On April 3, the International Trade Commission (ITC) ruled that the agency has jurisdiction to police digital transmission for intellectual property infringement. The ITC hears trade disputes regarding “articles” imported into the United States and frequently orders customs agents to cease infringing goods at the border. This new ruling extends its authority to stopping pirated music, software, and other infringing files from being electronically transmitted into the United States. In January of this year, the commission solicited comments on the issue of digital jurisdiction. Within days, technology and entertainment heavyweights such as Google, Nokia, the Motion Picture Association of America (MPAA), and the American Academy of Publishers (AAP), submitted briefs and took sides. The commission’s conclusion that the term “articles” as used in the Tariff Act includes digital transmissions provides a new tactic for intellectual property rights holders to fight digital infringers.

Section 337 Investigations

Under section 337 of the Tariff Act of 1930, the ITC has jurisdiction to conduct investigations of unfair trade practices, including patent, trademark, and copyright infringement. Intellectual property owners, if successful, can block infringing products from entering the United States. Depending on the circumstances, section 337 investigations are seen as an effective alternative to litigation in federal court. Most notably, investigations are before an administrative law judge and typically last between 12 and 18 months, depending on the complexity. One disadvantage is the limited relief available. The ITC provides two major types of remedies for violations of section 337: (1) an exclusion order, which allows customs agents to prevent the entry of infringing articles into the U.S., and (2) a cease and desist order, which compels an importer to stop importing infringing articles or subjects the importer to fines of $100,000 or twice the domestic value of the articles for each day the order is violated (whichever is greater).

Google v. Rights Holders

The MPAA, the AAP, and Nokia each argued that the term “articles,” as used in the Tariff Act, includes electronic transmissions. The MPAA and the AAP’s motivations were clear. Movies, music, and publications are easily streamed or transmitted over the internet and jurisdiction over electronic transmission allows the industry to fight online piracy with section 337 investigations. Similarly, Nokia wishes to have another tactic to stop the patented software in its telecommunications network equipment from being unlawfully distributed.

Those in favor of ITC jurisdiction over electronic transmissions argued that the mode and manner of importation should not matter. Clearly, the ITC has jurisdiction to order customs agents to cease CDs, DVDs, or USB drives at the border if they contain infringing content. Nokia argued that it would be “illogical” and would undermine the intent of the statute if the agency did not have jurisdiction to stop the same infringing content from being imported through electronic transmissions.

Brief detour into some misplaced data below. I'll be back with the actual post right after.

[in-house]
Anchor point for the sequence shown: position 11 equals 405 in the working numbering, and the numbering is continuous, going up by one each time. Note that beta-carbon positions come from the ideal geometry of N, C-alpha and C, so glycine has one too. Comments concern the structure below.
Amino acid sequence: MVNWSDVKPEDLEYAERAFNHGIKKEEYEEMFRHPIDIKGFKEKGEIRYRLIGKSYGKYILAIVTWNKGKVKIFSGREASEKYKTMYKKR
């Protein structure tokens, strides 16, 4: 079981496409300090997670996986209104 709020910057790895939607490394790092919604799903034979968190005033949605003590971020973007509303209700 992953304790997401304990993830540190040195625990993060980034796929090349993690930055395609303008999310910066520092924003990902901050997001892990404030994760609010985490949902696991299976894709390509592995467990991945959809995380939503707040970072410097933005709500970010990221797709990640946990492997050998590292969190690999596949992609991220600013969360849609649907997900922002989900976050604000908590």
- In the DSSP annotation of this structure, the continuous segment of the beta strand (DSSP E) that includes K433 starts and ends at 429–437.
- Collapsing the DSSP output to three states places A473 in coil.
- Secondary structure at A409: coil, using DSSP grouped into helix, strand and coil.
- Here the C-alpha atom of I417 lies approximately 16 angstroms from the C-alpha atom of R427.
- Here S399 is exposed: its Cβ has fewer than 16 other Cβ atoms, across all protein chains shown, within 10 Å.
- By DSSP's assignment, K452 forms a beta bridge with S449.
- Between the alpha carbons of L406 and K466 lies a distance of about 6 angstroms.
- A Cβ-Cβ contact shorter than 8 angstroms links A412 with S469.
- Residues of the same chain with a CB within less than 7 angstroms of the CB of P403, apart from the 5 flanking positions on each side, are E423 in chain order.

Google strongly opposed the commission’s jurisdiction over electronic transmissions. The technology giant is already bombarded with subpoenas to identify anonymous infringers and takedown notices under the Digital Millennium Copyright Act. The new obligation of complying with ITC exclusion orders may create an administrative nightmare for Google and others.

Beyond Entertainment

In its April 3 ruling, the ITC sided with rights holders and decided that “articles” under the Tariff Act of 1930 was broad enough to include electronic transmissions. The ruling reaches beyond the entertainment and software industries. The decision was also being closely watched by the manufacturing industry, specifically those in the quickly evolving 3D printing business. Additive manufacturing processes, more commonly referred to as 3D printing, provide a cost-effective solution for business and consumers to manufacture objects on demand with a digital file that provides instructions for building the object. Files containing instructions to manufacture infringing goods can be distributed (or imported) with the click of a mouse.

Align Technology, the makers of the Invisalign®, brought the complaint that resulted in this month’s ruling. The company’s legal battle with a competitor illustrates the challenges that 3D printing creates for rights holders. In 2006, Align Technology filed with the ITC a patent infringement complaint against OrthoClear, Inc., and the parties subsequently entered into a consent order where OrthoClear ceased importing dental aligner products into the United States. Several years later, ClearCorrect, a company allegedly managed by prior OrthoClear employees, began transmitting digital data into the United States and manufacturing allegedly infringing braces using 3D printing technology. In 2012, Align returned to the ITC with a complaint to enforce its 2006 consent order against ClearCorrect and a new complaint of patent infringement. The Administrative Law Judge found that the digital transmissions infringed Align’s patents and recommended a new cease and desist order be issued for the digital transmissions. On April 3, 2014, the full commission affirmed the Judge’s conclusion that “articles” includes digital transmissions.

Conclusion

The ITC’s interpretation that the term “articles” includes digital transmissions creates a new weapon for intellectual property rights holders in a variety of industries. Others, such as Google, fear the regulatory burden of additional subpoenas and takedown notices if such investigations become widely used. The ruling brings one of the most efficient and effective venues for fighting infringement into the digital age.